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Hello everyone, i got this idea when i was looking on forum about converting OEM engine mounts to stiff ones by filling them with polyurethane. The rear trailing arm also have space there, so i thought about filling it with polyurethane. What´s your opinion?
 

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2000 Honda Civic EX Sedan
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I think it depends on what you primarily use the car for. I'm just speaking from experience here. I put polyurethane trailing arm bushings in my EF back in the day and it stiffened up the ride pretty significantly. Maybe because the EF hatches don't weigh anything in the rear but I noticed a pretty significant difference in ride quality. I ended up putting factory ones back in. If you don't care about that or it's a dedicated track/autocross car then I say go for it. But if it's primarily a street car/daily and the rear trailing arm bushings need to be replaced then I don't see any reason not to go with OEM.
 

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you will have to "unload" the bushings via unbolting them from the car and allowing the trailing arm to hang a bit in order to fill them proeprly.

You will be fighting gravity as it dries, so do small amounts at a time.
 

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Brokedick Millionaire
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DO NOT FILL them! They are a pivot point and if you fill them you might as well have a death trap.

If they don't flex, the suspension goes solid and binds, you'll end up with insane out of control handling.

Spherical bearings if allowed.
 

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BATSLOMAN GIVES NO FUCKS.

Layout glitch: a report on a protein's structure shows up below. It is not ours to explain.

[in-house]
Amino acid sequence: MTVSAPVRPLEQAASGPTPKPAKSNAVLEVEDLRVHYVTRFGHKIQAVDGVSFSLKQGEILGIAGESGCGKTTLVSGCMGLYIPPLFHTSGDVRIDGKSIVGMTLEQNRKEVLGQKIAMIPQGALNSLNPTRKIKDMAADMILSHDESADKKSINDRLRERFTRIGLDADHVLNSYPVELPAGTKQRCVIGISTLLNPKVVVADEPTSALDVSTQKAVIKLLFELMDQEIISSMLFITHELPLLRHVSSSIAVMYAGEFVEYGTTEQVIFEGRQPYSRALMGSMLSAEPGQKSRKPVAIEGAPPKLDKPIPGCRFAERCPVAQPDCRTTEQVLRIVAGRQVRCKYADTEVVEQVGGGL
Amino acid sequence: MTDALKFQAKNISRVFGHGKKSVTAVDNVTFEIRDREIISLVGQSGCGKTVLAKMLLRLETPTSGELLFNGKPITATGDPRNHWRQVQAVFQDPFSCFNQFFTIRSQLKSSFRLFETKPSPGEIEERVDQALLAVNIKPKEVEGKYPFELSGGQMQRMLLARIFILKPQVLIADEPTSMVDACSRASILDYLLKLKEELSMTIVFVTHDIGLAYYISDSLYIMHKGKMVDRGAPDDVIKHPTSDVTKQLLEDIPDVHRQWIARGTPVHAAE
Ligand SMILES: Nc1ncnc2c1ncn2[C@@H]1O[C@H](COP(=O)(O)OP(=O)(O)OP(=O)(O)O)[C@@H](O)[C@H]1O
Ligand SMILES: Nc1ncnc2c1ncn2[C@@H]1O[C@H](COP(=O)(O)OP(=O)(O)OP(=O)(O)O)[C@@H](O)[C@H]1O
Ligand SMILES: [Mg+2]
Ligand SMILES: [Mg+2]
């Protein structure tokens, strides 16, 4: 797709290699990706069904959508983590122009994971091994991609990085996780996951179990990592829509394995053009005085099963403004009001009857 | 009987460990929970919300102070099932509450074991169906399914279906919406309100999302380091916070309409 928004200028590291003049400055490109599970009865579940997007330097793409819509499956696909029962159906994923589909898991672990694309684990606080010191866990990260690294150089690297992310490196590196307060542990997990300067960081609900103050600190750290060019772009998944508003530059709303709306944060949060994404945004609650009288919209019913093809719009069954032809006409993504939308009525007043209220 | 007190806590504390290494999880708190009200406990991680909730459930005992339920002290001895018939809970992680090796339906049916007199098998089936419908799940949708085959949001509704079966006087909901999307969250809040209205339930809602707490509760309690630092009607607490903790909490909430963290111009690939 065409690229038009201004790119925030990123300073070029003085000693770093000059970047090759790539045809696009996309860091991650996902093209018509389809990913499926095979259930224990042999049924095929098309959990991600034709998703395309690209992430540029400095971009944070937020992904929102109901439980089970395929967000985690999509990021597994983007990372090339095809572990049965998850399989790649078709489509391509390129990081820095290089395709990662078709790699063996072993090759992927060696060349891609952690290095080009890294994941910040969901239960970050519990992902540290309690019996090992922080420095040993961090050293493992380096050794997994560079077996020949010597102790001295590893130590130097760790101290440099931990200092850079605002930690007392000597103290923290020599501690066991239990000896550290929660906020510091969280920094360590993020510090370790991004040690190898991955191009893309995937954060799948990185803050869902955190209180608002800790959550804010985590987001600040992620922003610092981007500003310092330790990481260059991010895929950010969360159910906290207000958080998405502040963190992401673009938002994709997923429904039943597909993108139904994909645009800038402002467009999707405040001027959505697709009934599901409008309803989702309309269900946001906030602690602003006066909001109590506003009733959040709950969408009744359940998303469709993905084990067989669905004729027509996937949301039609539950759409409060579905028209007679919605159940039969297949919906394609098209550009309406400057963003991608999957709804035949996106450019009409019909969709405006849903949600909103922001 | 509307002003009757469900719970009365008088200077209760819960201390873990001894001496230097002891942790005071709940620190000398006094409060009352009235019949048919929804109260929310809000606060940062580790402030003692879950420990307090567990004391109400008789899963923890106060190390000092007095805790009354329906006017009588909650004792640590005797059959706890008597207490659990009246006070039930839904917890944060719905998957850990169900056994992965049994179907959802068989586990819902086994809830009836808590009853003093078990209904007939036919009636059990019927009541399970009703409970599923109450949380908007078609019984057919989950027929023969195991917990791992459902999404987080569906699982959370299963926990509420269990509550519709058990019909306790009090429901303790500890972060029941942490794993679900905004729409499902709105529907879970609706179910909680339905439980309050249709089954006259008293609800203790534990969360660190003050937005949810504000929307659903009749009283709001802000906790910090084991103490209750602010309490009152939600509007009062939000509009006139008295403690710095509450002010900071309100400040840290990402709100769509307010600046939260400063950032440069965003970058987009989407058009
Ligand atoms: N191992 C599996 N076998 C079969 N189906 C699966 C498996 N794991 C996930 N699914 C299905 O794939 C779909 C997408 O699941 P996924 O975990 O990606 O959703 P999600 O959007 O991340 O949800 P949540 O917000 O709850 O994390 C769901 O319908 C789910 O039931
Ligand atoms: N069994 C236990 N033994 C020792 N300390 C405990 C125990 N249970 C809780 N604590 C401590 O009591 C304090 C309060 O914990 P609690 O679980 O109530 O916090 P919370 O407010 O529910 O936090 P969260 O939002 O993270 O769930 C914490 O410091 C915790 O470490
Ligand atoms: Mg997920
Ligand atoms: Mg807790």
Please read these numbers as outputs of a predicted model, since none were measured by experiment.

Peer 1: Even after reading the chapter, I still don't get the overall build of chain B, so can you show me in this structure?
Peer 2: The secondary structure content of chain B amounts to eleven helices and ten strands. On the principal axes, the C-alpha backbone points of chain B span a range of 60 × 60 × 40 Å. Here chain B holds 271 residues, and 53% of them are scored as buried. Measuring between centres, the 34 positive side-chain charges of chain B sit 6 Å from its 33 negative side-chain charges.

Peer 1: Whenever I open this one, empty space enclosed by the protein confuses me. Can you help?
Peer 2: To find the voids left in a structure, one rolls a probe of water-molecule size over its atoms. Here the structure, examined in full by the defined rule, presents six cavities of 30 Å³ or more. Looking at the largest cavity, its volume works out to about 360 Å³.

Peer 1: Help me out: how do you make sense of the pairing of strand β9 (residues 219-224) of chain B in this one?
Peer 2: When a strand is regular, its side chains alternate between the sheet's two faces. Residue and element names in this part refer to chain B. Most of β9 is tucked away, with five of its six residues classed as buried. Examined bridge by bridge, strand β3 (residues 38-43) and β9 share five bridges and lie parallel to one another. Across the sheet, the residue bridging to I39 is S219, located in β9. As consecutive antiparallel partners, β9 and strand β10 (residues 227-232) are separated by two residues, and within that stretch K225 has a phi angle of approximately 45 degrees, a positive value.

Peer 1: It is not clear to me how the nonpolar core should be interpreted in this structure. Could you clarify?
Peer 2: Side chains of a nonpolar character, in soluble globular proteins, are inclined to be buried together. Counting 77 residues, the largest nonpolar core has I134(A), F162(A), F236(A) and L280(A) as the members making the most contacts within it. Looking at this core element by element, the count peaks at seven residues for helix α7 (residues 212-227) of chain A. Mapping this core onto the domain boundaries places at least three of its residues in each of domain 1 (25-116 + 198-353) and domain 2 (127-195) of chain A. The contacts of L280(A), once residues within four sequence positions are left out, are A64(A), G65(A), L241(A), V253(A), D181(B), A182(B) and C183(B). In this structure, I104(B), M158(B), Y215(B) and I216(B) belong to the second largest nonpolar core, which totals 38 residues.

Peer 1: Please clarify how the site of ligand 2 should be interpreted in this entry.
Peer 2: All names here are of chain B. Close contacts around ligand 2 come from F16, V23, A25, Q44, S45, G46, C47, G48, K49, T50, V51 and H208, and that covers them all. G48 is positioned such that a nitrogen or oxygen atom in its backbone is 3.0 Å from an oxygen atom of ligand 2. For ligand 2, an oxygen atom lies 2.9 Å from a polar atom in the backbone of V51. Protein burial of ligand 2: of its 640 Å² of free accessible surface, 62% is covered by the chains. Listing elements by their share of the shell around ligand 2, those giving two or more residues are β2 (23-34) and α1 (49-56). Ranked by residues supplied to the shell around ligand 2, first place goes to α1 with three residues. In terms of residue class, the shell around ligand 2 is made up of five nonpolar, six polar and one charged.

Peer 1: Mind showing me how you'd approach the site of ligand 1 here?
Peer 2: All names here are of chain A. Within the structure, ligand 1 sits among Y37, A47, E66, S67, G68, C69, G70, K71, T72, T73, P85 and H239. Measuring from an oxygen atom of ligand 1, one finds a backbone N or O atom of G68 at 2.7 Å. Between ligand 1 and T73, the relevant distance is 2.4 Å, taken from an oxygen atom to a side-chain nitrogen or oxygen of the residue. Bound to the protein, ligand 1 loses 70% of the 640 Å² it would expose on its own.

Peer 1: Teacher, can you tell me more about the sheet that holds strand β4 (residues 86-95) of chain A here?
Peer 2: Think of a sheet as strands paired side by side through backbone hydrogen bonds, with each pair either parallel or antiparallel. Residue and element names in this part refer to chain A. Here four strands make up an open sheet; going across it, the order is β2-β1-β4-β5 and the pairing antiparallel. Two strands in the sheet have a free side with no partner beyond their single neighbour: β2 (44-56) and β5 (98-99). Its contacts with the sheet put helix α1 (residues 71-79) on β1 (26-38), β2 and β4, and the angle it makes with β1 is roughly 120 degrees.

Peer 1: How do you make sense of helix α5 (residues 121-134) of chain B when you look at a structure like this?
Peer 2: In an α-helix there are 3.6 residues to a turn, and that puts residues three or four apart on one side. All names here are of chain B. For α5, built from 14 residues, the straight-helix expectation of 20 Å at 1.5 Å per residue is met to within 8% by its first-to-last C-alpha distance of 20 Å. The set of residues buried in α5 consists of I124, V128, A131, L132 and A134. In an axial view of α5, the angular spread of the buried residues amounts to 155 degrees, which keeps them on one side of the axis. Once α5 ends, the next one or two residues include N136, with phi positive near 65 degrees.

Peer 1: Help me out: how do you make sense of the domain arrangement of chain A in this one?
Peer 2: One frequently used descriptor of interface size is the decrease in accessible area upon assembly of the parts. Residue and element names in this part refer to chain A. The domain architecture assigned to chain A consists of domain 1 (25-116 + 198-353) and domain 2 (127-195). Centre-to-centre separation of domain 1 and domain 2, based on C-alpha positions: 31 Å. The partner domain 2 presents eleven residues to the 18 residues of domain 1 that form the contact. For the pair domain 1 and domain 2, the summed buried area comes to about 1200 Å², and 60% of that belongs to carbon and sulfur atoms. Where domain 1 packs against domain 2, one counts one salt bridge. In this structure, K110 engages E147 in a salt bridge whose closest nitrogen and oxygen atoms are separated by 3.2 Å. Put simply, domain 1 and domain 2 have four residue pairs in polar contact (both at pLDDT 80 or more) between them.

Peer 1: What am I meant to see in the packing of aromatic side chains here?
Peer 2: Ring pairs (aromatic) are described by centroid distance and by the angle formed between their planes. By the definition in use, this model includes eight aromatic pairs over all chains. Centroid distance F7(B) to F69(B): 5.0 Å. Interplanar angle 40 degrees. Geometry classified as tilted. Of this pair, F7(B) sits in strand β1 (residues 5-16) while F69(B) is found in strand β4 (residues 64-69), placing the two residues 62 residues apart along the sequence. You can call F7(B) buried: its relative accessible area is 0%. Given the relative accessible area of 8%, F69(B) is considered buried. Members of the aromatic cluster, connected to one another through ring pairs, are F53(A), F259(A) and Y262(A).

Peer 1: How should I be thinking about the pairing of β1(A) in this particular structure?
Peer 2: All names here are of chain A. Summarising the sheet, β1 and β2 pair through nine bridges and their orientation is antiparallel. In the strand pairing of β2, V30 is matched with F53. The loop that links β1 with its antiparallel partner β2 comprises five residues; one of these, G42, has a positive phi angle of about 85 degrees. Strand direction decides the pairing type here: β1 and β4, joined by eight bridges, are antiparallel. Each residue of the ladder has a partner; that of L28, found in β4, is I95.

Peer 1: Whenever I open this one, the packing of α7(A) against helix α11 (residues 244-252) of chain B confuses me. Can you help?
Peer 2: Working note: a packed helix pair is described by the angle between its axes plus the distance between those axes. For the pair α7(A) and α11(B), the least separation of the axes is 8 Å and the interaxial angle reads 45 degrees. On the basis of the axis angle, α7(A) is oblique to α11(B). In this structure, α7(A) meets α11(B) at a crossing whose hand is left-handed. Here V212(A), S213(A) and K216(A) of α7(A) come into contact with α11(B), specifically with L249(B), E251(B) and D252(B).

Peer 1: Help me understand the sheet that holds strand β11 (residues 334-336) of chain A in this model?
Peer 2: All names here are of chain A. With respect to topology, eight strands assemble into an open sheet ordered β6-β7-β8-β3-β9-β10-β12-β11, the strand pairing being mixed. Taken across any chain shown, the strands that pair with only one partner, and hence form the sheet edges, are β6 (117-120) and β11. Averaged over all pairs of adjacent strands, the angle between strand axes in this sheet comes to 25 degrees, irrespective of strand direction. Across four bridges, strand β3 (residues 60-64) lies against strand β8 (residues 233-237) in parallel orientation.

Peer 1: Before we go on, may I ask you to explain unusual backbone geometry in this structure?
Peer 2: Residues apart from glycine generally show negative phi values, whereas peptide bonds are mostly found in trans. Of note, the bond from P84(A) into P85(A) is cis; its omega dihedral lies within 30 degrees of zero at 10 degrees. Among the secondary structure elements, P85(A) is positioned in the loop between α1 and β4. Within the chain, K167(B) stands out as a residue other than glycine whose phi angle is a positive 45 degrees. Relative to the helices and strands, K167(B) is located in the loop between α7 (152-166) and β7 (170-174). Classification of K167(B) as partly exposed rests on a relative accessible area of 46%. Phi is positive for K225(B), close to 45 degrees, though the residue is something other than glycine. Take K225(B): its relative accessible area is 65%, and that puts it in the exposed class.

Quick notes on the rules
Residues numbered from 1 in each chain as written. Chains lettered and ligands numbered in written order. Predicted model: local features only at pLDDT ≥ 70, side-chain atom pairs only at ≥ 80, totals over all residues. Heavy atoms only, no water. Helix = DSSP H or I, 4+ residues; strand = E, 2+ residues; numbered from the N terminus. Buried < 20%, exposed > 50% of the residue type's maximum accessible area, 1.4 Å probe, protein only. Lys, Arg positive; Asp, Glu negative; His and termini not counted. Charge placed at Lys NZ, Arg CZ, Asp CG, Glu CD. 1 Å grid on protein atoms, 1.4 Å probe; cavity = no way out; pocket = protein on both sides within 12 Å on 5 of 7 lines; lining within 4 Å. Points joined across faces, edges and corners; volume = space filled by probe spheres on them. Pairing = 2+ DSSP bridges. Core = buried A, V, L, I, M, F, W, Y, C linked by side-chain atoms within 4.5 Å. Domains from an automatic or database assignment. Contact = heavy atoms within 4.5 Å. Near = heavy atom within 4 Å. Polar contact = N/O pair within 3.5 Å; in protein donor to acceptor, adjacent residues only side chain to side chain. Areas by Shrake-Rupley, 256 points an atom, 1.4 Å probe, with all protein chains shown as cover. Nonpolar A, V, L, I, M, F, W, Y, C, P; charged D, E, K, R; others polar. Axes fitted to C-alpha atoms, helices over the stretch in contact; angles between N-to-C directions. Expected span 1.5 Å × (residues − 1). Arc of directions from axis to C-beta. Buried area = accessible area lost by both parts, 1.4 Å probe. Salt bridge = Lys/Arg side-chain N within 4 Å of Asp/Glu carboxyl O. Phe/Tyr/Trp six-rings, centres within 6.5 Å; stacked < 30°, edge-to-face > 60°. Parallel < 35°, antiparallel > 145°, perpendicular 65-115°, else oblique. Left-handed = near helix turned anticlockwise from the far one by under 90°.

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DO NOT FILL them! They are a pivot point and if you fill them you might as well have a death trap.

If they don't flex, the suspension goes solid and binds, you'll end up with insane out of control handling.

Spherical bearings if allowed.

so youre saying a delrin bushing isn't a good idea?


currently has 2 lcas on shelf with delrin bushings
 
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DO NOT FILL them! They are a pivot point and if you fill them you might as well have a death trap.

If they don't flex, the suspension goes solid and binds, you'll end up with insane out of control handling.

Spherical bearings if allowed.
I think off the shelf stuff is fine, it bends/flexes easily. I use the 3m window weld, and it still is pliable as needed.



Compeltely agree with solid filling the bushings though, if too hard, car gets all sorts of jittery
 

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Brokedick Millionaire
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I think off the shelf stuff is fine, it bends/flexes easily. I use the 3m window weld, and it still is pliable as needed.



Compeltely agree with solid filling the bushings though, if too hard, car gets all sorts of jittery
As a trans builder I have access to the suspension issues on EF/EG/DA and what is allowed by rules, what works and what doesn't. I've lost count of the National wins and championships in SCCA and NASA. I've also witnessed what happens to a Nissan Roadster when the new rear sway bar setup get bound up. That roll bar came in handy on a tight autocross course.
 

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BATSLOMAN GIVES NO FUCKS.
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pressed into the stock location on the blox lcas
Id say make the inner most bushing stock rubber or hardrace rubber repalcement, else leave the delrin's in place.

The trailing arm bushing is the one that is most important that it is able to move around a bit.

I get what Bone was saying. That bigass trailing bushing has to be able to move. Think like a joystick on a controller, but instead of a perfect center, it is slightly off, and when you look down at it while moving, it is making a circle, rather than a perfect pivot point.

That is why the spherical bushing repalcements are on bars that allow it to slide a bit.
 

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[QUOTE = "Touge, publicación: 5166033, miembro: 130608"]
Hola a todos, se me ocurrió esta idea cuando estaba buscando en un foro sobre la conversión de soportes de motor OEM en rígidos llenándolos con poliuretano. El brazo de suspensión trasero también tiene espacio allí, así que pensé en llenarlo con poliuretano. ¿Cual es tu opinion?
[/CITA]

Buy energy suspension
 
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